Short sellers are to blame for the drop in Tesla's stock, Bank of America claims

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Elon Musk, co-founder and chief executive officer of Tesla Motors Inc.

Yuriko Nakao | Bloomberg | Getty Images

Tesla’s recent stock price plunge is likely due to short sellers increasing their bets against the company, Bank of America told clients Wednesday.

That’s also priming shares for a sharp move upward in a “short squeeze,” the bank predicted.

A so-called battleground stock, Tesla has split Wall Street between those who believe in CEO Elon Musk’s electric car manufacturer and those who think its financial issues may be too large to overcome without major business changes. More than 31% of Tesla floating shares were sold short by May 21, according to FactSet data.

“Although far from taking a constructive view on TSLA (see below for more detail), it appears much of the pressure on the stock over the past few days/weeks has been driven by shorts pressing aggressively,” analyst John Murphy wrote.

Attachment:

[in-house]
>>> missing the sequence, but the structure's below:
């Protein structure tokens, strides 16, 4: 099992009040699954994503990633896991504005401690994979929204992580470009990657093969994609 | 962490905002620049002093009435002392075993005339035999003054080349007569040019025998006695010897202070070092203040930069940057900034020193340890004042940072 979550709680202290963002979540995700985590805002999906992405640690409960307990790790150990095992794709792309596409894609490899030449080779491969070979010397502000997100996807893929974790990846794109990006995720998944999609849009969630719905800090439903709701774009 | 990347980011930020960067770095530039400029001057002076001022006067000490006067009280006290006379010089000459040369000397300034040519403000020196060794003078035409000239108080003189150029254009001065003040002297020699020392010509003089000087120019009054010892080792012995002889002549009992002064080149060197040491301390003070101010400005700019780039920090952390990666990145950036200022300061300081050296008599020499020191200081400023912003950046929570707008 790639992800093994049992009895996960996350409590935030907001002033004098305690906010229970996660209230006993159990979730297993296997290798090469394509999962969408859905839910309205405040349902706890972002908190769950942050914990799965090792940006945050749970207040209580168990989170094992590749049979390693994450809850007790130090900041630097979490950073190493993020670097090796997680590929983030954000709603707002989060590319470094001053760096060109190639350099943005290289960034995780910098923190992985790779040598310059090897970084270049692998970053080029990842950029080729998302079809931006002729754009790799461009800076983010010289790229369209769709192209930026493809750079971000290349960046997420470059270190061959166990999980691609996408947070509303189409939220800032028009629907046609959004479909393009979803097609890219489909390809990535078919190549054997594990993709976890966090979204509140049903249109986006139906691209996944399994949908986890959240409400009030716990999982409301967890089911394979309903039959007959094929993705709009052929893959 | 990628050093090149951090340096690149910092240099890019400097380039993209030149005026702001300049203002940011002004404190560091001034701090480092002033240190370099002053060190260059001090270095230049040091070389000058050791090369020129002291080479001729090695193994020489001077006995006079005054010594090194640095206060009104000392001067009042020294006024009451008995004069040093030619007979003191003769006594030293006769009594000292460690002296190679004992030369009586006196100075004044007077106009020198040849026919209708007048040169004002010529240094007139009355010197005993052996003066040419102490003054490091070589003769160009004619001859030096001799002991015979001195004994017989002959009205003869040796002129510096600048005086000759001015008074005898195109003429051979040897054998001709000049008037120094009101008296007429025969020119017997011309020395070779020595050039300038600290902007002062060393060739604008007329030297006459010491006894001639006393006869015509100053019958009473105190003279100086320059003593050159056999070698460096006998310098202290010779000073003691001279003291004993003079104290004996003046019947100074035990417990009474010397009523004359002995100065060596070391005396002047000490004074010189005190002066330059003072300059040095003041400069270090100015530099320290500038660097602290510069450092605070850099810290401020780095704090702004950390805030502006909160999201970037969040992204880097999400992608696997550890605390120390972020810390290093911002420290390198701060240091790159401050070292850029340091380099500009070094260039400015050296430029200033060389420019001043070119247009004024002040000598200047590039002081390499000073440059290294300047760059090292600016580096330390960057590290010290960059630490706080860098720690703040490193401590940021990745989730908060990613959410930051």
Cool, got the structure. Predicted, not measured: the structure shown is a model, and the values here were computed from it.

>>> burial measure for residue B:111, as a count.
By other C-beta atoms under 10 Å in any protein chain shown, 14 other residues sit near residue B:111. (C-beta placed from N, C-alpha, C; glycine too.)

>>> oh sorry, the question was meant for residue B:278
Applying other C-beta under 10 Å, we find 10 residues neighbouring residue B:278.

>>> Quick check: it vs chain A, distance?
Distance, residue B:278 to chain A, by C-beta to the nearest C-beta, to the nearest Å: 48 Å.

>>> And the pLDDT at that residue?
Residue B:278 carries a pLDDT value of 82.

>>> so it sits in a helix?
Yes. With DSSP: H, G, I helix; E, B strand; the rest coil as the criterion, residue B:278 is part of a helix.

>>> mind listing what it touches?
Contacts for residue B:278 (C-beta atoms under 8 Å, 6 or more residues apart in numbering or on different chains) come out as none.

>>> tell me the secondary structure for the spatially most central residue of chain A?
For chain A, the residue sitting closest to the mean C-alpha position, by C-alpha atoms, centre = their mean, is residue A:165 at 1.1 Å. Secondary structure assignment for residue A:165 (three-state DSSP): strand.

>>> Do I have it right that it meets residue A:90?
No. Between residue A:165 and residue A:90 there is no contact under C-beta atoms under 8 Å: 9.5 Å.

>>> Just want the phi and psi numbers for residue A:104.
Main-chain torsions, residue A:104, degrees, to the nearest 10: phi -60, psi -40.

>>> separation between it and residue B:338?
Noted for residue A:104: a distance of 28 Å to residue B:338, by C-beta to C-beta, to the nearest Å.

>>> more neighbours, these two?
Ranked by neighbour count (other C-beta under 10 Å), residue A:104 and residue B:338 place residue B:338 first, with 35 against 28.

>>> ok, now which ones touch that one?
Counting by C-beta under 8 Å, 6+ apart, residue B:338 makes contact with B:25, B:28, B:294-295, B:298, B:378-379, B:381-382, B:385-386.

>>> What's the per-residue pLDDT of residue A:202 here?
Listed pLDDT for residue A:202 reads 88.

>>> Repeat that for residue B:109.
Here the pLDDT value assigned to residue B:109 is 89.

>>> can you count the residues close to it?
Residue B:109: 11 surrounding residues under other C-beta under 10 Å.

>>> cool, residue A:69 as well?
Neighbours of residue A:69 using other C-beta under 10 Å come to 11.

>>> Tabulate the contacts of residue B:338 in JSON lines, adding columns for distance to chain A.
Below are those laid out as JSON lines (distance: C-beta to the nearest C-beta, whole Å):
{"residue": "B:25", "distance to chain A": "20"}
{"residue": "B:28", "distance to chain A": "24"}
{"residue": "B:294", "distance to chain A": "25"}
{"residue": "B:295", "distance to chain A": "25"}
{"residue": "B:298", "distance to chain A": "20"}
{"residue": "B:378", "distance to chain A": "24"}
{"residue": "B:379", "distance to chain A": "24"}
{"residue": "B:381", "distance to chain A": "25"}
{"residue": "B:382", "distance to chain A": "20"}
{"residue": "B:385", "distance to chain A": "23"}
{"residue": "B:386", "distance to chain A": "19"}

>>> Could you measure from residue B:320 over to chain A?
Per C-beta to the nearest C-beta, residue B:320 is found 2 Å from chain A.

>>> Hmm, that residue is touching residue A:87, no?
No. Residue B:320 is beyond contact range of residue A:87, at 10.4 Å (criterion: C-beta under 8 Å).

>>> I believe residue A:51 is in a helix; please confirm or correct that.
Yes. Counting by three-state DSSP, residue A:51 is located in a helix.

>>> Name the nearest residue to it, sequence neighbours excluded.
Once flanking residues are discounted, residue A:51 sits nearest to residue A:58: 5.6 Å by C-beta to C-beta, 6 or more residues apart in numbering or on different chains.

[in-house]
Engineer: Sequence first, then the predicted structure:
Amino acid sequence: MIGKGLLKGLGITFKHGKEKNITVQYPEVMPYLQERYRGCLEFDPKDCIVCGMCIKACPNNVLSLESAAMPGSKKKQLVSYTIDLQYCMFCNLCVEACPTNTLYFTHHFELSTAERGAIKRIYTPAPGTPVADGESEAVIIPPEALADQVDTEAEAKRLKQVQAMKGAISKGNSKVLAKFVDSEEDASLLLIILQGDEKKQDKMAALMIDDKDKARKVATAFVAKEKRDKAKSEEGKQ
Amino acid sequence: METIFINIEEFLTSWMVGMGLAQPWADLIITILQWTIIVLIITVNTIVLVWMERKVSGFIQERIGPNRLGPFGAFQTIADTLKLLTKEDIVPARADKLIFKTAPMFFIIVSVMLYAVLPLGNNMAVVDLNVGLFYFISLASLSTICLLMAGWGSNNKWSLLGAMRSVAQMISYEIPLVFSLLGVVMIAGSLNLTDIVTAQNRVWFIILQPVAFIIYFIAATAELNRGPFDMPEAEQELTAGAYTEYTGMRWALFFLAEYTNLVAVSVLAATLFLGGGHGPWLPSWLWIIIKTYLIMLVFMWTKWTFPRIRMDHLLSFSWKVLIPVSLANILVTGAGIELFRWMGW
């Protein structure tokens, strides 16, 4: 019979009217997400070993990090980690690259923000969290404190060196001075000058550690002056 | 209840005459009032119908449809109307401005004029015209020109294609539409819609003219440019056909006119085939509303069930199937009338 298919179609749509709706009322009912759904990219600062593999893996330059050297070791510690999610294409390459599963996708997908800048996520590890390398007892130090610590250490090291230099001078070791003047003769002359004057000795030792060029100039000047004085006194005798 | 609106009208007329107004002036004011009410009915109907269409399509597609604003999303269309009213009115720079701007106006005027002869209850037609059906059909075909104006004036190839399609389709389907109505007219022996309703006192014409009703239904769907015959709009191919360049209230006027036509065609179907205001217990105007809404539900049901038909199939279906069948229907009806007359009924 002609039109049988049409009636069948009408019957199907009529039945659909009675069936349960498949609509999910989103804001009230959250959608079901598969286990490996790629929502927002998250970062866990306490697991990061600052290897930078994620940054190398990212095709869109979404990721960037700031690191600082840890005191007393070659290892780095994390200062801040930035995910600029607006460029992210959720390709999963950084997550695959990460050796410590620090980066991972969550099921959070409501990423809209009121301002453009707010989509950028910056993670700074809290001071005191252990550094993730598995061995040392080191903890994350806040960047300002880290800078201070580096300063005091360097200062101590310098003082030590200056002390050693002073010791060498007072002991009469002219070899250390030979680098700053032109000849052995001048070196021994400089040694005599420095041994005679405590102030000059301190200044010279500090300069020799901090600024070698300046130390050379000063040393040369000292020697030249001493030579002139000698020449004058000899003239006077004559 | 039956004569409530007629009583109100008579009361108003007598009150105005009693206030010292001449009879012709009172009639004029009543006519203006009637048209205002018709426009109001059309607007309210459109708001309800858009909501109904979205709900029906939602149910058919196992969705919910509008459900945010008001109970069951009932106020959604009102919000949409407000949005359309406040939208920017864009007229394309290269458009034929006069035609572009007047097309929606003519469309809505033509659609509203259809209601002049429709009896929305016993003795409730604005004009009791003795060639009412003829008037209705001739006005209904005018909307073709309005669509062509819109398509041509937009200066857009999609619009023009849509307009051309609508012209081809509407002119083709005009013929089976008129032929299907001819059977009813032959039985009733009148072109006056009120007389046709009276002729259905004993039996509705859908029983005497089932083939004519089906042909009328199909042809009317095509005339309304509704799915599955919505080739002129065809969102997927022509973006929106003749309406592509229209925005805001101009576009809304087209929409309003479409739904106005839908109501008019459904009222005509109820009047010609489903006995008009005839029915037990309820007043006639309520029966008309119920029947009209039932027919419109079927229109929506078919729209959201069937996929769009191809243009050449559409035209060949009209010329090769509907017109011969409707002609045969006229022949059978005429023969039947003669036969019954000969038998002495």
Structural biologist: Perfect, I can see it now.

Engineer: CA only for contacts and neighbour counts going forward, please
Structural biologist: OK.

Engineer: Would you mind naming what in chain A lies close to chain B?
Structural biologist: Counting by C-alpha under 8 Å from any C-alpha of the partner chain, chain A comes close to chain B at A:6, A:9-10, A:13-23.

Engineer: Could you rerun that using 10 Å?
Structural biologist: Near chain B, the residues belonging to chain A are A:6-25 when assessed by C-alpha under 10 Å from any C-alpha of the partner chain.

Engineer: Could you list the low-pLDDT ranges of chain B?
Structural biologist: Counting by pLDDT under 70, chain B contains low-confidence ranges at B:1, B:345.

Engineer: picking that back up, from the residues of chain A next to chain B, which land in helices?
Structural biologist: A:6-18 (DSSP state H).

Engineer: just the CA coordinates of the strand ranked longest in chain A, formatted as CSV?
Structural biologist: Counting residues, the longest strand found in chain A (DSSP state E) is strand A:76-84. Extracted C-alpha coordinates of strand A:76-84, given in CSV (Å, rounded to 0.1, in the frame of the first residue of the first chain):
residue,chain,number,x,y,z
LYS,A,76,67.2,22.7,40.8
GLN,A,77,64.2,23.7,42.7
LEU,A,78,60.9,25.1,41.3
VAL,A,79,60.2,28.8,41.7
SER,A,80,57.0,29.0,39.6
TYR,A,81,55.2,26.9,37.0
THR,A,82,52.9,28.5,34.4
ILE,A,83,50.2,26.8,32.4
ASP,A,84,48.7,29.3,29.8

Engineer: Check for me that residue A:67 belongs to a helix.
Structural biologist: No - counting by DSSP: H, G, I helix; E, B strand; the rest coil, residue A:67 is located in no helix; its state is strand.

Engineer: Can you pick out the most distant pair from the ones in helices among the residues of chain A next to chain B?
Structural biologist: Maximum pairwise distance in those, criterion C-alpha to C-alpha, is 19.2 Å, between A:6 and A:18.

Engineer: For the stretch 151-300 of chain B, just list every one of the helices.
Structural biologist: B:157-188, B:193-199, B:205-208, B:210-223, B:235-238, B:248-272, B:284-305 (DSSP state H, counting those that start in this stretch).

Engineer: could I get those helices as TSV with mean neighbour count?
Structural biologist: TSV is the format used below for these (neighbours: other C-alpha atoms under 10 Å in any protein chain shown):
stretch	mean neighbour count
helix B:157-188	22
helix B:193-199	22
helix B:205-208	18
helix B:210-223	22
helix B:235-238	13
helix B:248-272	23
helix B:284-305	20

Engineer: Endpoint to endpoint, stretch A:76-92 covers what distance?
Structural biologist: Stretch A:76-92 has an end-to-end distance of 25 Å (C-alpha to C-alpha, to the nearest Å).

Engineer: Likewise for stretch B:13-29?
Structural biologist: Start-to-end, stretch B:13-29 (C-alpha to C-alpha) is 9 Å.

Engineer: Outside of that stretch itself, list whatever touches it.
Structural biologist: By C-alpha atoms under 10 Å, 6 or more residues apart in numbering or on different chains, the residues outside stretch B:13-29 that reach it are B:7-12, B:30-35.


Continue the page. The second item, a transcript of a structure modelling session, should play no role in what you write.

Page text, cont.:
“In our view, this could set up for a short squeeze in the coming days/weeks/months should deliveries, profits/losses, cash flow/burn come in even slightly better than draconian expectations, or should Musk introduce another business venture and/or longer-term financial target that once again gets bulls excited,” he added.

Tesla stock is down nearly 40% in the last six months and down 26% since April 1.

Despite the short squeeze warning, Murphy is not positive on Tesla’s business and has an underperform rating on the stock. 

Some high-profile short sellers such as David Einhorn and Jim Chanos have clashed with Tesla and its CeO Musk in the last few years.

Most recently, Einhorn said Tesla CEO Elon Musk’s promises about Tesla’s self-driving vehicles were “a lot of horse—t.” Last year, Einhorn and Musk clashed over Greenlight’s short position.

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